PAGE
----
Earlier today Cabinet Office Minister Jeremy Quin MP made a statement to update the House on preparations for the Infected Blood Inquiry, which is expected to conclude next year.
The Minister said interim compensation payments that have already been made by the Government are “just one part” of the recommendations Sir Robert Francis put forward for compensation and that there is a “moral case” for expanding the scope of eligibility to include children and parents.
However, the Minister also made clear that the Government does not now plan to publish a response to Sir Robert’s compensation study ahead of the full inquiry report, as they previously pledged. When the Government received the report in March – now over eight months ago – the then-Cabinet Office Minister Michael Ellis pledged that the Government would “publish the Study and the Government response, in time for the Inquiry and its core participants to consider them before Sir Robert gives evidence to the Inquiry”. Sir Robert subsequently gave evidence to the Infected Blood Inquiry in July.
In questions after today’s statement, several MPs asked the Minister about a timetable and specific plans for developing a compensation framework in advance of the full report, and also if the Government would commit to bereaved children and parents and carers being eligible for compensation. Margaret Greenwood MP expressed concern about people who were born abroad or people whose medical records had been destroyed “falling through the gaps in the present framework for financial assistance and compensation” and asked if the Government had assessed how many people were affected by these gaps.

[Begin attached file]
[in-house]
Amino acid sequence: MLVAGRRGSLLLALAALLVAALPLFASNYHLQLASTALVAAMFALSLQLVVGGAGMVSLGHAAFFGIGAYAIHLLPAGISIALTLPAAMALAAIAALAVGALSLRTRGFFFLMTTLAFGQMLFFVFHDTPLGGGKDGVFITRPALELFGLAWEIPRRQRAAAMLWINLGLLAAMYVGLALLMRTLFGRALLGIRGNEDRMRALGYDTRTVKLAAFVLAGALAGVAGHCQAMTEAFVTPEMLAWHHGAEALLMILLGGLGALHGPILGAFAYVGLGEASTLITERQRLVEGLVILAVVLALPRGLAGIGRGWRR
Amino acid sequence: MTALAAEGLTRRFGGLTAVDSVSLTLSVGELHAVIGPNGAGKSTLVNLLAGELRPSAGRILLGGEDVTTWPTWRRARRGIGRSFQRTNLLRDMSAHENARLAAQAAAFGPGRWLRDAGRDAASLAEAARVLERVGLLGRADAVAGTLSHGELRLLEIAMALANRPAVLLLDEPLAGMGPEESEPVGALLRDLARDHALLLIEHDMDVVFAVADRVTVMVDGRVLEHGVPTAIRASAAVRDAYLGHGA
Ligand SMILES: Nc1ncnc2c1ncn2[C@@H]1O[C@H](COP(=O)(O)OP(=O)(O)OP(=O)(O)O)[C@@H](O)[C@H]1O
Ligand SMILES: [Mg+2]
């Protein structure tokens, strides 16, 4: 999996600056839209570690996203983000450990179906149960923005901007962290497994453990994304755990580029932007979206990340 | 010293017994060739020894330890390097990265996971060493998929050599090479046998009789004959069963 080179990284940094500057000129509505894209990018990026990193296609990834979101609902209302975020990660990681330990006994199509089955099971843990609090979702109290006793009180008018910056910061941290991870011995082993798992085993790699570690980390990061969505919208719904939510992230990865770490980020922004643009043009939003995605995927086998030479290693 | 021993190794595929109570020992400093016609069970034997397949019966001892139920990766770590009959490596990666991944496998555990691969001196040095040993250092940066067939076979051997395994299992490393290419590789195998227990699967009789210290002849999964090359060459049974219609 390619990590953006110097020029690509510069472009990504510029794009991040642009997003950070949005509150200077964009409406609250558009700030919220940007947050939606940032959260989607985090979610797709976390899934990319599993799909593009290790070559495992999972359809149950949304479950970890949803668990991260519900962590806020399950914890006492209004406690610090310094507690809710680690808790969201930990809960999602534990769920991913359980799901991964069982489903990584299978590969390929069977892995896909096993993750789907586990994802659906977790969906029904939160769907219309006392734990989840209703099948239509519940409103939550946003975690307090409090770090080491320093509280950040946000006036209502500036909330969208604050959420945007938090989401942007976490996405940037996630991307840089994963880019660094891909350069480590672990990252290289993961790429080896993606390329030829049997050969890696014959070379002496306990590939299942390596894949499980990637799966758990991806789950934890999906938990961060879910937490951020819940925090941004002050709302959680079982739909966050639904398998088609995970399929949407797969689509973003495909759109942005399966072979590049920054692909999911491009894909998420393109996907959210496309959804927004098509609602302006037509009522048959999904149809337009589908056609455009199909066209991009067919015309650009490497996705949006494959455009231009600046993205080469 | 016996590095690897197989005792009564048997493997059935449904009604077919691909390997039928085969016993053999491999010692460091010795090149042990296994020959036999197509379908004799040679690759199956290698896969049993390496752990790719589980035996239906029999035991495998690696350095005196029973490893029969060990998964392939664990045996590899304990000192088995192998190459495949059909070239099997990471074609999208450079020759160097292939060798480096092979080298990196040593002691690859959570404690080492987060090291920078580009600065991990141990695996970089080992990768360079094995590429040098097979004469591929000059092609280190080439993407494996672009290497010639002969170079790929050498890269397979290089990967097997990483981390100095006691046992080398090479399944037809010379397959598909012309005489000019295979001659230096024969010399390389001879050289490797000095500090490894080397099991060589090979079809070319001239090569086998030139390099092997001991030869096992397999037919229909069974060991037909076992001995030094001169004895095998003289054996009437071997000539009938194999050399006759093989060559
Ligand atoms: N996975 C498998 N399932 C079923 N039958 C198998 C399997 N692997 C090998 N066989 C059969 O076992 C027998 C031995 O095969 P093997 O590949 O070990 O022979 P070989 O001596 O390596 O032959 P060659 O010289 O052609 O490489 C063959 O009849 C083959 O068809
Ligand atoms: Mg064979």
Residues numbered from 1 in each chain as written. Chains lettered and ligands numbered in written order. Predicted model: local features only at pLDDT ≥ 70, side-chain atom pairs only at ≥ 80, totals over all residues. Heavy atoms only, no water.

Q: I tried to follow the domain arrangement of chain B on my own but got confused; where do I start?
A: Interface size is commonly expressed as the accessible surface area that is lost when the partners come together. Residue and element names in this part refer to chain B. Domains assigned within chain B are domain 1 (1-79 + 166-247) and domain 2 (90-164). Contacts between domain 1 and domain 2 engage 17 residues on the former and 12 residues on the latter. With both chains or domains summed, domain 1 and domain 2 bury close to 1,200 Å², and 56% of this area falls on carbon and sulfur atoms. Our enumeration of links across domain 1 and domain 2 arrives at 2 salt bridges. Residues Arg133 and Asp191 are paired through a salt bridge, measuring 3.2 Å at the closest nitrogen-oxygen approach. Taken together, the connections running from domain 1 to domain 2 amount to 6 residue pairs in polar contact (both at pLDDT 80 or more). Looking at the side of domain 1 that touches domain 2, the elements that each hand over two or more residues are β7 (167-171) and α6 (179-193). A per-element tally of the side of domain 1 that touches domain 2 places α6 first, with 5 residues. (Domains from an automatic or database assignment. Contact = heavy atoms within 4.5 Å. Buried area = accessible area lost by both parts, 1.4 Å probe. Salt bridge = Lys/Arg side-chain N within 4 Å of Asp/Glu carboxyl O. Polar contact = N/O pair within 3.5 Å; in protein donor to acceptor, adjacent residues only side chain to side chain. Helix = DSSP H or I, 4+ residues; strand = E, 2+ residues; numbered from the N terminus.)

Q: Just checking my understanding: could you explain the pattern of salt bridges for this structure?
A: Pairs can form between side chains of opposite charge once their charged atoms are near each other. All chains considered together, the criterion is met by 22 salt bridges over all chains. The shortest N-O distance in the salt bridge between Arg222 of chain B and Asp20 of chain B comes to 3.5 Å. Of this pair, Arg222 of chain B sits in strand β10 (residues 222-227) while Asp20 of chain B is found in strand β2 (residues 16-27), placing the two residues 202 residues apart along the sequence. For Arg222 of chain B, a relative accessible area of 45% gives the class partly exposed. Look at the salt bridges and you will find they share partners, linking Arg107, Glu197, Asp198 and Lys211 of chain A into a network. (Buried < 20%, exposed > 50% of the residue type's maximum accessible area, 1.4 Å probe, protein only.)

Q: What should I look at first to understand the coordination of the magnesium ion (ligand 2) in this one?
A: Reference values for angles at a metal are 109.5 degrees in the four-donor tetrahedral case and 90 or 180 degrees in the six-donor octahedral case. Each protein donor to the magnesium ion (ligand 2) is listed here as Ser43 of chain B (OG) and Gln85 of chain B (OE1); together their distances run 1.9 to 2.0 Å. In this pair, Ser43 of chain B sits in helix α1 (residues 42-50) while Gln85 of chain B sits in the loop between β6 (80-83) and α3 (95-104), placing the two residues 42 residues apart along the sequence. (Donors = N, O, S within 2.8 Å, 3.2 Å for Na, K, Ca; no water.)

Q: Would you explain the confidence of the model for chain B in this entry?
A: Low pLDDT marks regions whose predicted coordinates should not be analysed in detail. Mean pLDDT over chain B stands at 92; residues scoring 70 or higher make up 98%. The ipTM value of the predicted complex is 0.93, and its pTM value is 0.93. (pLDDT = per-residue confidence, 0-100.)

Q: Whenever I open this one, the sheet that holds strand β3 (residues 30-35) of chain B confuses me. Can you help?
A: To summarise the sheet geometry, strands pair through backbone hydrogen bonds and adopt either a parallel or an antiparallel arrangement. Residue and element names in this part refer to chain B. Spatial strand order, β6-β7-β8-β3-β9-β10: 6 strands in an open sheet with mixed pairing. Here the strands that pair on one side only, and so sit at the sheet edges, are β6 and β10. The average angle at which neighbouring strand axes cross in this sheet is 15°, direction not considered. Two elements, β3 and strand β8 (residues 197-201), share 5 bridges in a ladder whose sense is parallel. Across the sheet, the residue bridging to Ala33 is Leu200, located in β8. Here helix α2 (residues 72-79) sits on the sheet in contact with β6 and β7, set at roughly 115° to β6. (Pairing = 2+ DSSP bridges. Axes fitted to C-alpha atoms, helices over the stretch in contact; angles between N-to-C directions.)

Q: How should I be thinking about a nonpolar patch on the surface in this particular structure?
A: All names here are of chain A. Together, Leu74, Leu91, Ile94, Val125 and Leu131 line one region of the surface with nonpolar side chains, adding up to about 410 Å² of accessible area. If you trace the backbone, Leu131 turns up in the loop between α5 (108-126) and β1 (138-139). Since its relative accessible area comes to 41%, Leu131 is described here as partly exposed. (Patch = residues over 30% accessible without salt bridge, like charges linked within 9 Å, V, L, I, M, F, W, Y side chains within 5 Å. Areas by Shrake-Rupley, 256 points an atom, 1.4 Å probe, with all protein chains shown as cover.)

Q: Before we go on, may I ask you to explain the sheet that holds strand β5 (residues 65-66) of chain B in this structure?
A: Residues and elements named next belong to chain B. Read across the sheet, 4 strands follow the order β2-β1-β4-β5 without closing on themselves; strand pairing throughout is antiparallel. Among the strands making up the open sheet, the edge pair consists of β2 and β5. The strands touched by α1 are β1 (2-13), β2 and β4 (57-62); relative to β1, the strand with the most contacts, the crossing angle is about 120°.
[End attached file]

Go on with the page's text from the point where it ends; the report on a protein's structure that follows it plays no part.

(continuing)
Rachel Halford, CEO of The Hepatitis C Trust, said: “We welcome the Government’s reaffirmation of their commitment to ensuring people who received infected blood or blood products receive compensation; although the timeline for justice still remains uncertain.
“We are disappointed that the Government has still not made it clear whether bereaved parents, children and carers will ever receive compensation. As it stands, a huge number of people have fallen through the gaps for support from the Government. After a decades-long struggle for justice, these people continue to be let down.
“Time is running out and action is needed now to find those that remain undiagnosed or have not come forward for support because of stigma. We need a national campaign to raise awareness of infected blood as a route of transmission. Untreated hepatitis C can lead to serious liver damage and too many people have died already. We don’t have time to wait.”